Sag Harbor Baking Company Fills the Gap
By Emily J. Weitz
Sag Harbor has the quiet charm of an old European village, and it’s what draws people from all over to stroll down Main Street and soak in its quaintness. The stress of preparing an evening dinner party is nearly vanquished when the shopping can all be done on foot, hustling from one shop to the next to gather cheese, wine and meats.
But that shopping trip was never quite complete, because there was nowhere to buy the fresh bread to accompany the wine and cheese. There was no local baker. Until now.
Rounding out the small town shopping experience, Sag Harbor Baking Company has opened its doors just in time for the holidays, and they’ve done it in a way that only two local girls could.
Mimi Yardley and Margaret Brooks, who have known each other since they were kids at Sag Harbor Elementary, decided to go into the bakery business not only because they both loved it, but because “We wanted to fill that gaping hole,” says Yardley. “This really makes Sag Harbor like a walking market,” adds Brooks. “You don’t have to just go to the supermarket for everything now.”
The two weren’t sure when they were going to open, and it took a lot of time to get their tiny, expertly organized kitchen up and running.
“Originally we were hoping to open in the summer,” says Yardley, and then they both laugh. “That didn’t happen, but it’s probably better this way. We’re able to get into a groove this way.”
Since they opened last week, they’ve already established a core group of loyal customers, not the least of whom are kids coming in after school for their treats. It helps that Yardley and Brooks, between their two families, have seven kids that span grades three to 11 in the Sag Harbor public schools.
“The kids come in for hot pretzel sticks,” says Yardley. “Or black and white cookies and other nostalgic bakery fare.”
The fresh, fluffy donuts are high on the kids’ lists, and Yardley likes to guess what kind they want when they come in.
“Chocolate frosting with rainbow sprinkles?” she asks her own son, whose mouth curls into an anticipatory grin.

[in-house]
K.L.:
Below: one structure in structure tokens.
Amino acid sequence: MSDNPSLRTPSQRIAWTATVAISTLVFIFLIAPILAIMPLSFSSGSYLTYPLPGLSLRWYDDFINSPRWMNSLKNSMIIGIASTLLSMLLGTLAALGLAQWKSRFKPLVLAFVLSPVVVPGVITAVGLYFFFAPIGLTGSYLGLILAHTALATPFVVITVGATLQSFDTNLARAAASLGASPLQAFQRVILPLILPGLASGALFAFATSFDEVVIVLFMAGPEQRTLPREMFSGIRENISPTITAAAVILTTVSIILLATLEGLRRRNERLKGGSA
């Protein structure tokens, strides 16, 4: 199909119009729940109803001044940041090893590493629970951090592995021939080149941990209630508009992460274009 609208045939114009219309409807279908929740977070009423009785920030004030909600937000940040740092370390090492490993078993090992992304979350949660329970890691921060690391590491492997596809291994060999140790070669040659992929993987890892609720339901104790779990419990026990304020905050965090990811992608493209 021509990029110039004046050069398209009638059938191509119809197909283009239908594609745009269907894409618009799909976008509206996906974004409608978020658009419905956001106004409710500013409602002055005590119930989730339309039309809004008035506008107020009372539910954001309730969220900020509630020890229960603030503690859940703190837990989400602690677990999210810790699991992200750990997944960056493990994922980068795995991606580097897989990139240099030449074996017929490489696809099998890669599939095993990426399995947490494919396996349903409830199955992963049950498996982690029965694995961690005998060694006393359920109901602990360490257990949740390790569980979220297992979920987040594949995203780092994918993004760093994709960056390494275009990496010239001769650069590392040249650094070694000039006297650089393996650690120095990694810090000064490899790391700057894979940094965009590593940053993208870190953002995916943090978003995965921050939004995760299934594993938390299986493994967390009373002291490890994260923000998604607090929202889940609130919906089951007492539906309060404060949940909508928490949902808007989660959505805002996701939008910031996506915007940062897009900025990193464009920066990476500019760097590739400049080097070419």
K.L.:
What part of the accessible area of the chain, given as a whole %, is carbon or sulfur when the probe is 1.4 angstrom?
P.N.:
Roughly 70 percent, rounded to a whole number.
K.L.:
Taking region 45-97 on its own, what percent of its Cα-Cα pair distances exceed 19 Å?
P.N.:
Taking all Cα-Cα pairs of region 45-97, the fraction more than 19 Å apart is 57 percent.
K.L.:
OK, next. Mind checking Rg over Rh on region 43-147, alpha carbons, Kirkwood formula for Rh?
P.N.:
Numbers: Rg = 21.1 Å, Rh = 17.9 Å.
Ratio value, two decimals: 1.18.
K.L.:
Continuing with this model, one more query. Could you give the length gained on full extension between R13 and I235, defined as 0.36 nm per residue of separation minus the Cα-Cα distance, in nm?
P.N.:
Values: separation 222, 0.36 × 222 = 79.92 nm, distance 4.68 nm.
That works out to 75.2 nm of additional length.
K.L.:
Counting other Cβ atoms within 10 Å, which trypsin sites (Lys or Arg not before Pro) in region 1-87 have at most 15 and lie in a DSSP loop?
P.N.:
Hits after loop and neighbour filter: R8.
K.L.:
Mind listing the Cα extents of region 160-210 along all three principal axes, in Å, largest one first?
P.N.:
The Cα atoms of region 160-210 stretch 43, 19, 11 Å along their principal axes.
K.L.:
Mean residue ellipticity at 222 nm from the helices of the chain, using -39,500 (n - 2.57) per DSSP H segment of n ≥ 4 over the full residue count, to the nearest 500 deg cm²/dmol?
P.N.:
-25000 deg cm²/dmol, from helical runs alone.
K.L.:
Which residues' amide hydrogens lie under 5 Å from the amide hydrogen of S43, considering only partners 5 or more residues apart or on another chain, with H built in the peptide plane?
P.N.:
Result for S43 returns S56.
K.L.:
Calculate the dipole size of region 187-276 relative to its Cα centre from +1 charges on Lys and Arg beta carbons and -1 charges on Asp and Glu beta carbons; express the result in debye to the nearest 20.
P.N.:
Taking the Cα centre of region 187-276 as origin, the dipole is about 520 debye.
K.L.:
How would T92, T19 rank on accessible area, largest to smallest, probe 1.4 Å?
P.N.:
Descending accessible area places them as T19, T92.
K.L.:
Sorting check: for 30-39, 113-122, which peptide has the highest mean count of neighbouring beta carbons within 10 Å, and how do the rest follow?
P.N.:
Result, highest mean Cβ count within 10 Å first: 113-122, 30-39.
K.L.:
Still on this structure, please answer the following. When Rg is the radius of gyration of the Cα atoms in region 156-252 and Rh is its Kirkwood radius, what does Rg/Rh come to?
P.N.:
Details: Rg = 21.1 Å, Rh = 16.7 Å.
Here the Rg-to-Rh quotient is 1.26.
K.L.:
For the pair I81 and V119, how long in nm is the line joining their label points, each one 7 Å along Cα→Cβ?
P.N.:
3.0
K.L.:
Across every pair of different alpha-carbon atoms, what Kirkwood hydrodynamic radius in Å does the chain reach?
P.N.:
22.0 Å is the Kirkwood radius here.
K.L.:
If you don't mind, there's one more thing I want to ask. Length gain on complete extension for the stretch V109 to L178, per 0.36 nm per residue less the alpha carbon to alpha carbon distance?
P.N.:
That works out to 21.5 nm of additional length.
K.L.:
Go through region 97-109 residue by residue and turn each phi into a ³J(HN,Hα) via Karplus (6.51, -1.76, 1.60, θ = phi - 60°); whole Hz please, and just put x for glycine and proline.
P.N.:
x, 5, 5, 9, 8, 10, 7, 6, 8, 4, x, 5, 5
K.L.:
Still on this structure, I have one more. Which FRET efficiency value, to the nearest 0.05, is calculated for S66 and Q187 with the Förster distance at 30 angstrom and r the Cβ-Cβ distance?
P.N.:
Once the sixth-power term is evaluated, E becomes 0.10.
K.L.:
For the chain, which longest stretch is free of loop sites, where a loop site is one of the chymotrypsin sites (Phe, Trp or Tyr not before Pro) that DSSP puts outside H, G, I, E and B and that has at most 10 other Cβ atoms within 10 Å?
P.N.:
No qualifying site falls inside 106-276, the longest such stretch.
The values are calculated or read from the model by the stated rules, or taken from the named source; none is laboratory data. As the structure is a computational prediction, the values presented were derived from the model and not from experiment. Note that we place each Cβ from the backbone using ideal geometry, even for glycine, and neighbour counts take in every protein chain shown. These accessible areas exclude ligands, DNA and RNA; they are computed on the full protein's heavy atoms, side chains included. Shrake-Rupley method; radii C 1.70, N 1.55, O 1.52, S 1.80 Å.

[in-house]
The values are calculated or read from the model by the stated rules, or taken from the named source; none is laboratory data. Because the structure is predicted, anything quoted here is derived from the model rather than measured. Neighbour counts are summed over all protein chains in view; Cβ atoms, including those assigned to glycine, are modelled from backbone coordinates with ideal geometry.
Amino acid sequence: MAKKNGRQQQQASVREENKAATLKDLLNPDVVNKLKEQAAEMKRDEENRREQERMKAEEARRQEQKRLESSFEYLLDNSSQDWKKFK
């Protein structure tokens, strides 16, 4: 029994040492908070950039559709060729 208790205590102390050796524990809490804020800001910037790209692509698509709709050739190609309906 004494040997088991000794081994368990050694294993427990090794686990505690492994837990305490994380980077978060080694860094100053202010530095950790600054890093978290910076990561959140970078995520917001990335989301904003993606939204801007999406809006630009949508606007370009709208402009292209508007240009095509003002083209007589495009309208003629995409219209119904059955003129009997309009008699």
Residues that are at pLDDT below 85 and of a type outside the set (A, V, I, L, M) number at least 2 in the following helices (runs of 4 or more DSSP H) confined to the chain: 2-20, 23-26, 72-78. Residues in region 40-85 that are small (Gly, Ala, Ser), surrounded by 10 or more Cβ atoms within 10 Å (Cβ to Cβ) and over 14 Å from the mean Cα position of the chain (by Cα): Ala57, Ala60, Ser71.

But it’s not only the young contingent that’s already hooked on the bakery.
“We’ve only been open for a week,” says Yardley, “and already we’ve had one guy come in every day to get his regular.”
On a chilly Saturday morning, there’s a buzz to the bakery and the door never stays closed for long. One customer comes in from the cold to peruse the bounty of pastries and muffins and decides “My kids would love… All of these I’m sure.”
She settles on a bran muffin with apricots and ginger for herself and some lindzer tarts to bring home.
Another customer loads up on lemon squares, two fresh baked focaccias, and a few slices of flourless chocolate cake. Everything, including the focaccia, is baked in-house, except for the loaves of bread.
“Our kitchen is teeny tiny,” explains Brooks, “so we didn’t have space for a bread oven. Any breads we can bake in a conventional oven we do.” Other breads are brought in fresh every morning.
Brooks has been in the business of baking for a long time. After graduating from Pierson, she left Sag Harbor and moved to California.
“I worked as a pastry chef in restaurants and bakeries in California for 20 years, and I came back six years ago,” she said.
Yardley was in a different industry entirely, working as a CPA and an accountant.
“But baking has always been something I really loved,” she says. “It’s very rewarding. We do a lot of special occasion baking, where we feel like we’re celebrating with people. Baking makes people happy.”
Some of the more rewarding projects they’ve had include a series of cakes for a 100th birthday and a cake to celebrate a successful heart transplant.
“For the three month anniversary of the transplant, we baked a low-salt heart-shaped cake,” says Yardley.
Special occasions abound this time of year, and Yardley and Brooks plan to put in plenty of hours in their little kitchen. With traditional yule log (Buche de Noel) sponge cakes, eggnog cheesecakes, holiday cookie platters and lots of other seasonal treats in addition to their regular offerings, they should be very busy delivering the holiday cheer.
“It’s a great time to be opening,” says Yardley.
Brooks adds, “We’re just looking forward to being a part of the community.”